The idea of putting red dye in nectar comes from the fact that flowers which have evolved to attract hummingbirds are typically red. Hummingbirds see all colors well, but red stands out well against green foliage making it easy for the birds to see. Hummingbirds will certainly go to other colors of flowers in search of nectar and insects. The wild tall Larkspur is dark blue, but is frequently visited by hummingbirds, for example. Red also works for the flowers that selectively attract hummingbirds because insects don’t see red well and are not attracted to it. (The yellow “flower” inserts used in many brands of hummingbird feeders will attract insects as well.) Since hummingbirds have little or no sense of smell, hummingbird flowers have no odor with which to attract insects. Additionally, many flowers are tubular, a shape allowing the hummingbird access but denying many insects entry, plus they point downward with the opening of the tube below. Hummingbirds will hover and probe their beak up into a flower, but probing insects, like butterflies, prefer not to hang upside-down to feed and they ignore these flowers.
Anna’s Hummingbirds are easy to attract to your yard, but there are some considerations you need to pay attention to. These birds have a very specific feeding route that they follow each day, visiting the flowers and feeders. But, they also explore in nearby areas from their route, because flowers will of course die back and new sources of food must be sought. It is during these explorations that they may find your feeder and include it in their daily route. This means that if you hang a new feeder, it may take a while for the birds to first find it. If you put out a new feeder be sure to keep it full of fresh nectar even if no birds come for a while. You want to be sure that when the birds do discover your feeder it has good, fresh food in it, so they will wish to return again and again. Sugar-water can spoil rapidly, especially in warm weather so keep the feeder replenished with fresh nectar every few days so that the birds will want to continue to come and will not be put at risk if they do come. You don’t want to ever have nectar that is moldy! If it looks cloudy, that means that bacteria is rapidly growing in the nectar and it must be changed. During the winter a weekly change is all that is usually necessary, but in the summer, you may need to change the feeder daily or at least every 2 days. At WBU a product called Nectar Defender can be purchased. If you follow the directions on the bottle this product is safe to use. Unlike most commercial additives, this product has been very thoroughly tested and by independent sources. Cornell Lab of Ornithology does not recommend that you ever put any additives in your nectar, but has approved this product. It extends the life of your nectar for several days by adding copper at a level that inhibits molds and bacteria but does not contain a level toxic to birds. The amount of copper in this product is less than obtained by hummingbirds eating insects.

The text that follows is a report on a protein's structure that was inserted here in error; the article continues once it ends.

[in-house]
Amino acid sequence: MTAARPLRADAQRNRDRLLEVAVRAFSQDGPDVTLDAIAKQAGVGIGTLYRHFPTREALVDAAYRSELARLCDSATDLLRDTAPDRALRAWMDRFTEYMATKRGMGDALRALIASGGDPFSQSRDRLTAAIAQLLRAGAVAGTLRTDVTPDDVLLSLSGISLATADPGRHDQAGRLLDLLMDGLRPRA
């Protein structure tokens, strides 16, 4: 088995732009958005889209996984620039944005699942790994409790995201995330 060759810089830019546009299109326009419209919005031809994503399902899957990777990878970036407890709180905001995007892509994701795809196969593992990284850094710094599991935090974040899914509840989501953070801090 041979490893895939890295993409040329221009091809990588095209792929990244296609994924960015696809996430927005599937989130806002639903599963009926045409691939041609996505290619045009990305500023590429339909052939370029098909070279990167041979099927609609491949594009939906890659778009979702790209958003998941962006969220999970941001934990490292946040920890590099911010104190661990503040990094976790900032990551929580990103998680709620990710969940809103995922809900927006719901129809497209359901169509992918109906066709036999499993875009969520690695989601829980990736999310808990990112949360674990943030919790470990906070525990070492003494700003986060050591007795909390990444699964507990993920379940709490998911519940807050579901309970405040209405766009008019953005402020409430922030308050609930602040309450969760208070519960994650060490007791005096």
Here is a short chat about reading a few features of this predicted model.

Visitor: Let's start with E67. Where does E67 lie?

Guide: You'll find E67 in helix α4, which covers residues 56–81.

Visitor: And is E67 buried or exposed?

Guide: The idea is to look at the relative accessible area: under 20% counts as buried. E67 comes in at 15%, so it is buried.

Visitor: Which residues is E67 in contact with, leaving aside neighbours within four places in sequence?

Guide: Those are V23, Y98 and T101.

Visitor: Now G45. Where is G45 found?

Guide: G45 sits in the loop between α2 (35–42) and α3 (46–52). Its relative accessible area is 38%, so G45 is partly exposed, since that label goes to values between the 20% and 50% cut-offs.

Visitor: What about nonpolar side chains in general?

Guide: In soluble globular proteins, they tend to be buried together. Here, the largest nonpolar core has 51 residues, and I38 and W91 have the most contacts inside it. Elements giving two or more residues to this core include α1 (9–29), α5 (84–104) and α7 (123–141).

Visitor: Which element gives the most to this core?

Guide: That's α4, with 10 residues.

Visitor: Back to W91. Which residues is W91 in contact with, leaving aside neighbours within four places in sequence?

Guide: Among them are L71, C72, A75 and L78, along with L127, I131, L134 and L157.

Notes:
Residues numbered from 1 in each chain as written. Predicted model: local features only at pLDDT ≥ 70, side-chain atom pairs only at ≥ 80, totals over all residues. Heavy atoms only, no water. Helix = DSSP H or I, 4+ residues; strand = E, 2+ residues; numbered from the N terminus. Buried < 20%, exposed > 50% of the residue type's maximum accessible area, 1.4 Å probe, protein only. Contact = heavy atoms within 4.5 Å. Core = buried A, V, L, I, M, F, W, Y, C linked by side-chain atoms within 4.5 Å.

You will be very rewarded once you have attracted Anna’s Hummingbirds into your yard, too. They are beautiful and full of fun behaviors to observe. They are fearless, often chasing off birds much larger than themselves and they will approach quite closely, often coming to your feeder to drink even if you are standing next to the feeder. Just be sure to keep the feeder full of fresh nectar all year long as the birds will want to come at all months. They will move elsewhere if you remove the feeder for long periods of time. It can be especially rewarding to have these wonderful birds coming even in mid-winter.